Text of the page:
2 main payloads on Aditya-L1 send key data from solar flare event

BENGALURU: Two of the main scientific instruments (payloads) on India’s first dedicated solar space observatory mission, Aditya-L1, have captured images and data of intense solar activity during a period of heightened eruptions on the Sun in May 2024.
Sharing data from the Solar Ultraviolet Imaging Telescope (SUIT) and the Visible Emission Line Coronagraph (VELC) payloads on Aditya-L1, Isro, Monday said: “…While some of Aditya-L1’s payloads observed the events as they happened from the spacecraft’s vantage point at the Sun-Earth L1 point, SUIT and VELC were undergoing calibration and could not capture the real-time action.”
Pointing out that both SUIT and VELC doors were opened on May 14 after the completion of the indented operations, Isro said: “VELC obtained a raster scan image (rectangular pattern of image capture and reconstruction) of the solar corona in the 5303 Angstrom emission line on May 14, clearly showing the location of the potent ‘AR13664’ active region that sparked the recent solar storms.”
As reported earlier, the active region ‘AR13664’ unleashed a series of powerful X-class and M-class solar flares between May 8 and 15, accompanied by coronal mass ejections (CMEs) on May 8 and 9.These violent eruptions triggered a major geomagnetic storm that struck Earth on May 11.
SUIT, on the other hand, has provided high-resolution images of the Sun in multiple ultraviolet wavelengths, revealing active regions, sunspots, and other solar features in incredible detail. These observations probe different layers of the Sun’s atmosphere to study how solar flares transfer energy.
SUIT captured images in six different wavelengths — the Mg II k and Mg II h, narrowbands 276nm, 283nm, 300nm and 320-360 nm — providing different insights.
As per Isro, images in the first two wavelengths have observed a layer called the chromosphere, situated above the Sun’s surface. These observations are helping scientists study how solar flares heat up the chromosphere and distribute their energy.
The first two narrowband (276nm and 283nm) channels have focused on the chromosphere’s wing regions, revealing information about solar flares, sunspots, and energy transfer processes. These findings are expected to improve space weather forecasting and predictions.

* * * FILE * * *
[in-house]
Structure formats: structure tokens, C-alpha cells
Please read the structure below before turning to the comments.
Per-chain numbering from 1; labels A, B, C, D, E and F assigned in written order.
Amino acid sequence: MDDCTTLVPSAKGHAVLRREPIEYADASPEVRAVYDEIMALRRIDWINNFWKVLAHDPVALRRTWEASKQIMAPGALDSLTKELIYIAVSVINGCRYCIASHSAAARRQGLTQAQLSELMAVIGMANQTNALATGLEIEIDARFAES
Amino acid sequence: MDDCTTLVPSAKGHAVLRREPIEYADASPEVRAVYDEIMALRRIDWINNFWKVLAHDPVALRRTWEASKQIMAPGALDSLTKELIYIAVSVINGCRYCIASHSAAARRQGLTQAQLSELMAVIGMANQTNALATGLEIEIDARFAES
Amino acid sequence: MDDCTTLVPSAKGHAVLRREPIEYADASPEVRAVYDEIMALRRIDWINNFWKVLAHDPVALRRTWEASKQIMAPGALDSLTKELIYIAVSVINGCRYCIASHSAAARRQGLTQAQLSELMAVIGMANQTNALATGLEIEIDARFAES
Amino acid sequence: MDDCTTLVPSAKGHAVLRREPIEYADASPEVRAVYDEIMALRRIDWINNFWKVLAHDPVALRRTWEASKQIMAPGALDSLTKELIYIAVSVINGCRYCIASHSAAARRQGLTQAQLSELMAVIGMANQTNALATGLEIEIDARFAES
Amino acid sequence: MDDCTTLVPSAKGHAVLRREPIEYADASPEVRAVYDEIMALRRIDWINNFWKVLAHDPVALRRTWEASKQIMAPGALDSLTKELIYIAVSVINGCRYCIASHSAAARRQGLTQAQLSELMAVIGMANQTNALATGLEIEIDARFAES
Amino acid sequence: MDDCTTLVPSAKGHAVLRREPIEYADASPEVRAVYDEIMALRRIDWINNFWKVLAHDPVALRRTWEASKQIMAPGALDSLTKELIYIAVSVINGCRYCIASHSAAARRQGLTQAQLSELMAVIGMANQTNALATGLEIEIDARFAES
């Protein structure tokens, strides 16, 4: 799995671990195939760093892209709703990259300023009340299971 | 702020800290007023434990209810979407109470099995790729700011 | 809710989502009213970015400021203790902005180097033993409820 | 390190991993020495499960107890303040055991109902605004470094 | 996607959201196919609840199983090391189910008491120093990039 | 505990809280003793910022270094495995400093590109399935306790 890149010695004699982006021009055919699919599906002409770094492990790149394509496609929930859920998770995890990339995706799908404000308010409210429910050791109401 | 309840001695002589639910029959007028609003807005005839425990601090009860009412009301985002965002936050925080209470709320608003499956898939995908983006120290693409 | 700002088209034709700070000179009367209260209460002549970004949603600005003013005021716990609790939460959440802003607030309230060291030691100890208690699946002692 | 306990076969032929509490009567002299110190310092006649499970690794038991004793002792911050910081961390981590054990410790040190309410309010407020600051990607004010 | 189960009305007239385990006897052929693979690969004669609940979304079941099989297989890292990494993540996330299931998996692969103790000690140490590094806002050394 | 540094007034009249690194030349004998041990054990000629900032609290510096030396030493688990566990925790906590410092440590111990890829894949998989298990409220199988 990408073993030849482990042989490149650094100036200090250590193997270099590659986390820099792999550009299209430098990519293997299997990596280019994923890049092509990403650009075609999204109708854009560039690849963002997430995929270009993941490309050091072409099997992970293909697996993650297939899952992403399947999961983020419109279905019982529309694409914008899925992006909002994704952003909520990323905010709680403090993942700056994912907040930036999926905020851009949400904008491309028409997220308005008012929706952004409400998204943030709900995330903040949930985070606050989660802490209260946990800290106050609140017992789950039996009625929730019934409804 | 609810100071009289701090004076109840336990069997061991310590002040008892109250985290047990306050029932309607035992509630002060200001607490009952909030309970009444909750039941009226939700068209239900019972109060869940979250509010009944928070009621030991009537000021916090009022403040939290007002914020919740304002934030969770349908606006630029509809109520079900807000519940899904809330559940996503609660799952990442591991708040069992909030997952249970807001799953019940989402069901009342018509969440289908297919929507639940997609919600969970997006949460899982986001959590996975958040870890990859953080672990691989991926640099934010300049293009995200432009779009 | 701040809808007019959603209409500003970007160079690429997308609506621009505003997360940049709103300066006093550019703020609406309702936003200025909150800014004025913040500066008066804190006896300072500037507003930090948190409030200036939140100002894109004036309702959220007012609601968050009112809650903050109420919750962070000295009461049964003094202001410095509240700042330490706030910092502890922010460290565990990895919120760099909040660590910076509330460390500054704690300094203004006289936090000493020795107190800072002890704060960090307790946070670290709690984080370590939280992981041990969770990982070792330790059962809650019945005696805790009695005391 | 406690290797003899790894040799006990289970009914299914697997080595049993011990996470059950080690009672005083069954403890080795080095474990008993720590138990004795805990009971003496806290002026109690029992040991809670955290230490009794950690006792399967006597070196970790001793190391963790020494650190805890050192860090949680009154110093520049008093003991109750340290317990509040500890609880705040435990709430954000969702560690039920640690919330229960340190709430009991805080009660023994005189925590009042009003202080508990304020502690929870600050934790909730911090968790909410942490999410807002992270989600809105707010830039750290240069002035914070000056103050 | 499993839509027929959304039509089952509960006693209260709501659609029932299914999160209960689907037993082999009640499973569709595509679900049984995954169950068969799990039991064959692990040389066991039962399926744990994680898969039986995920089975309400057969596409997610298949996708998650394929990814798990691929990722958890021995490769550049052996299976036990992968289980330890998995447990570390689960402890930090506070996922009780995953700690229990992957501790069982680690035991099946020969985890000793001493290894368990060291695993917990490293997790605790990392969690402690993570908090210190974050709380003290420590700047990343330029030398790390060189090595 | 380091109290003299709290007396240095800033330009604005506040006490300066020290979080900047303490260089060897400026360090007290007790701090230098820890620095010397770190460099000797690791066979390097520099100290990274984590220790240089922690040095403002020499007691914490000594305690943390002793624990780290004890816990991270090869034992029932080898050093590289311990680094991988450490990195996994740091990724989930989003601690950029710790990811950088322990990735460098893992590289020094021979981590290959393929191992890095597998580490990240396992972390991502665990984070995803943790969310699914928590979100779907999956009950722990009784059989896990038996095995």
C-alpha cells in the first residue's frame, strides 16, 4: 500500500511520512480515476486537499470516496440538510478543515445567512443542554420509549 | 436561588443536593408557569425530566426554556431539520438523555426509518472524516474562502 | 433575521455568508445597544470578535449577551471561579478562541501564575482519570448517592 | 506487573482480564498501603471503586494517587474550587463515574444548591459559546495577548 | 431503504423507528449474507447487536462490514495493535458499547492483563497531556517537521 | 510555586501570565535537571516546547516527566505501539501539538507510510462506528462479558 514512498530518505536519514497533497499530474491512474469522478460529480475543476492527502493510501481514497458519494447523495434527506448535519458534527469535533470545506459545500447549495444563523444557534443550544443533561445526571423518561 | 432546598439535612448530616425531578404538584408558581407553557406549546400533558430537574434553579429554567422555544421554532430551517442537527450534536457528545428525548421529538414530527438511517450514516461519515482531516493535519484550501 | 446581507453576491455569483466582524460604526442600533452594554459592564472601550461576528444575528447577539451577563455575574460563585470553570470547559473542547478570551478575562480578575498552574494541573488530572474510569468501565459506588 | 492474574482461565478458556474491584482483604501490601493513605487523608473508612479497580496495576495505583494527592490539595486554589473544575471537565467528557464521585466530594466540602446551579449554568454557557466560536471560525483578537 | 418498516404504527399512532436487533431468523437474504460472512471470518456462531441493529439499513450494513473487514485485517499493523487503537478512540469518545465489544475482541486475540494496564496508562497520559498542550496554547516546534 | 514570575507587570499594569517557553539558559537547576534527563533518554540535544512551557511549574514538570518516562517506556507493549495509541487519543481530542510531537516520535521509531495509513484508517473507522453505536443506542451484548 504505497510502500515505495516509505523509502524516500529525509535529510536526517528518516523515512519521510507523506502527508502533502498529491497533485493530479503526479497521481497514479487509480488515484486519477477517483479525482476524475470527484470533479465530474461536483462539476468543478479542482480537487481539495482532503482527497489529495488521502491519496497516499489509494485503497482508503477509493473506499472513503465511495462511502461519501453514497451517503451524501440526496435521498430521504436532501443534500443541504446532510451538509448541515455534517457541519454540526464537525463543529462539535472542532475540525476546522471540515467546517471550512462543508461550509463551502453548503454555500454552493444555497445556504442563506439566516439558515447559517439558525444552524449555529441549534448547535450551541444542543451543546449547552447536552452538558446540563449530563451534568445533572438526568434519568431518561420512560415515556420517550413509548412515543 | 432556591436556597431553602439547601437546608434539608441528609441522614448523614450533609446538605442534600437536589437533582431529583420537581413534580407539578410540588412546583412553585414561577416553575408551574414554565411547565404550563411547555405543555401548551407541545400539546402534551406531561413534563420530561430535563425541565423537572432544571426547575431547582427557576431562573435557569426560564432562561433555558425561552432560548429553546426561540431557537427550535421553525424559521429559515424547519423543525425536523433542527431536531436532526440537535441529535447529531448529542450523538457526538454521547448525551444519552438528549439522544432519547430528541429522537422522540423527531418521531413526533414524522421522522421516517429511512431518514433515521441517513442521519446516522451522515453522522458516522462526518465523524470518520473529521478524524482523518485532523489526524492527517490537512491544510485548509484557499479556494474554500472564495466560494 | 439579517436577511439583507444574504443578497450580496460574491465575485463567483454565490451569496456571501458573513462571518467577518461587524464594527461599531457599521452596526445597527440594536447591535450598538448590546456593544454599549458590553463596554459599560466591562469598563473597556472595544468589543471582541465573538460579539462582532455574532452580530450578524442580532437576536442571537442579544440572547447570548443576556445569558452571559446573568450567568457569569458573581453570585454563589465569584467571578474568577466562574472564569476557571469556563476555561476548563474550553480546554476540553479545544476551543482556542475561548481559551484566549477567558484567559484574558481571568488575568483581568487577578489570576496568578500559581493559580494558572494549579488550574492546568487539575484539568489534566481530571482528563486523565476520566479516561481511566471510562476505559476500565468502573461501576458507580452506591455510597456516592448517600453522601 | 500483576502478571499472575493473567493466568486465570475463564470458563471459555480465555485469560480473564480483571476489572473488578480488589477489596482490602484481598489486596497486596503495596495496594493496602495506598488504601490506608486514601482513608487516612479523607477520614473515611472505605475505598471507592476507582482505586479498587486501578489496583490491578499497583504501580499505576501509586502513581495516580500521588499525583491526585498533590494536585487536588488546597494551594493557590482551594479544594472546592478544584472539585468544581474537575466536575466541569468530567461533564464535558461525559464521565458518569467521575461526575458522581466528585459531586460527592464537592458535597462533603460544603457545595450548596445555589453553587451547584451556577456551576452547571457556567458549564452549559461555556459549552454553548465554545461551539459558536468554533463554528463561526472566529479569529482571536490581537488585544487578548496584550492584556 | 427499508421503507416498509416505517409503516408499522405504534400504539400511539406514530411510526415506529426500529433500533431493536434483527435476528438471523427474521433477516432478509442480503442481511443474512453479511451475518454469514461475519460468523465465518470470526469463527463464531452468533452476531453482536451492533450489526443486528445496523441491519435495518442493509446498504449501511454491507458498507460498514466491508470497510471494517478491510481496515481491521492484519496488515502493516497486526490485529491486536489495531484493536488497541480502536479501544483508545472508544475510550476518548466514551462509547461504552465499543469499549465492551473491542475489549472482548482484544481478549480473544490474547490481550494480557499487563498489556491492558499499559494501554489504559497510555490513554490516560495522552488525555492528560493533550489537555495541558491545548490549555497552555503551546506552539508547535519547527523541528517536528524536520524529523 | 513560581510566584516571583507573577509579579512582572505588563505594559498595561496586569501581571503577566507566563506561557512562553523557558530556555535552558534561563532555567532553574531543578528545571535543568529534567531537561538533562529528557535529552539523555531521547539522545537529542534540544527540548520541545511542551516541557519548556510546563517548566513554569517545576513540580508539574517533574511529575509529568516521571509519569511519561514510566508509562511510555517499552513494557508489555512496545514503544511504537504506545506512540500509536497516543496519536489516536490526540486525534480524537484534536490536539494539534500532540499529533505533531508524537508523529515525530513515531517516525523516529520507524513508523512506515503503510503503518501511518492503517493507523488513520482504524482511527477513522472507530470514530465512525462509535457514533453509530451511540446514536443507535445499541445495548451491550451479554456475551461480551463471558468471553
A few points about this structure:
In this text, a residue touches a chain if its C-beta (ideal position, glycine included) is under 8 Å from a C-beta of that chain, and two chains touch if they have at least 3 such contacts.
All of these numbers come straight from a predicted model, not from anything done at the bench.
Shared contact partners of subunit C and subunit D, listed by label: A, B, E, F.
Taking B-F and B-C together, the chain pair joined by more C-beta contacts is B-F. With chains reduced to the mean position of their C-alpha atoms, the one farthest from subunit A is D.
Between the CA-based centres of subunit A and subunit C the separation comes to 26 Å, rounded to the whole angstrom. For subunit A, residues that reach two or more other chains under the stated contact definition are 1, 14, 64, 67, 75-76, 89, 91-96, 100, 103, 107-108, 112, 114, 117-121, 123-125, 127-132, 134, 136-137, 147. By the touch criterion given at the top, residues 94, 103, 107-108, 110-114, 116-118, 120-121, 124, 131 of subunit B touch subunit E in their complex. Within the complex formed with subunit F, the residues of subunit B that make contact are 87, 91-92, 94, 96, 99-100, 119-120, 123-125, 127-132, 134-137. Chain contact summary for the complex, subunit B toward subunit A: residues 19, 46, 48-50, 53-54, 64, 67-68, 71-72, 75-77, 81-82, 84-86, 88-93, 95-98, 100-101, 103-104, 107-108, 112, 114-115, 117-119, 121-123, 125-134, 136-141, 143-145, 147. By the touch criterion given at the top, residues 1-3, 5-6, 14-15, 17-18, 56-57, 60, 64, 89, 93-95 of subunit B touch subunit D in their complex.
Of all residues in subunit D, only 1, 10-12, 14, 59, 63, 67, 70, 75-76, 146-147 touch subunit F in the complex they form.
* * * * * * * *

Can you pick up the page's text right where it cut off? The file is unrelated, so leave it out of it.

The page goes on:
“The 300nm narrowband channel has examined energy transfer in the upper photosphere and lower chromosphere, shedding light on how energy moves and heats different solar atmospheric layers. The broad 320nm to 380nm band, centred at 340nm, has monitored solar activity and UV radiation across a wide wavelength range. This data aids in understanding the Sun’s overall UV impact and long-term variations in solar behaviour,” Isro said.
By combining observations from these diverse imaging channels, Aditya-L1 is providing an unprecedented multi-wavelength view of the Sun’s atmosphere, from the photosphere to the chromosphere. These findings are expected to advance the knowledge of solar dynamics and their influence on Earth’s environment.
In May, Isro had released findings from other Aditya-L1 payloads. “Two remote sensing payloads (SoLEXS and HEL1O) captured the solar events during May 8-9 while the two in-situ payloads (ASPEX and MAG) captured this event during May 10-11,” Isro said.
Aside from these, observations were made by the Chandrayaan-2 spacecraft, XPoSat as well as by a ground-based facility.
Aditya-L1’s unprecedented views from space, combined with observations from other Isro assets like Chandrayaan-2 and ground-based telescopes, offer an unprecedented multi-wavelength perspective into the Sun’s stormy behaviour and its impacts on space weather conditions affecting Earth.


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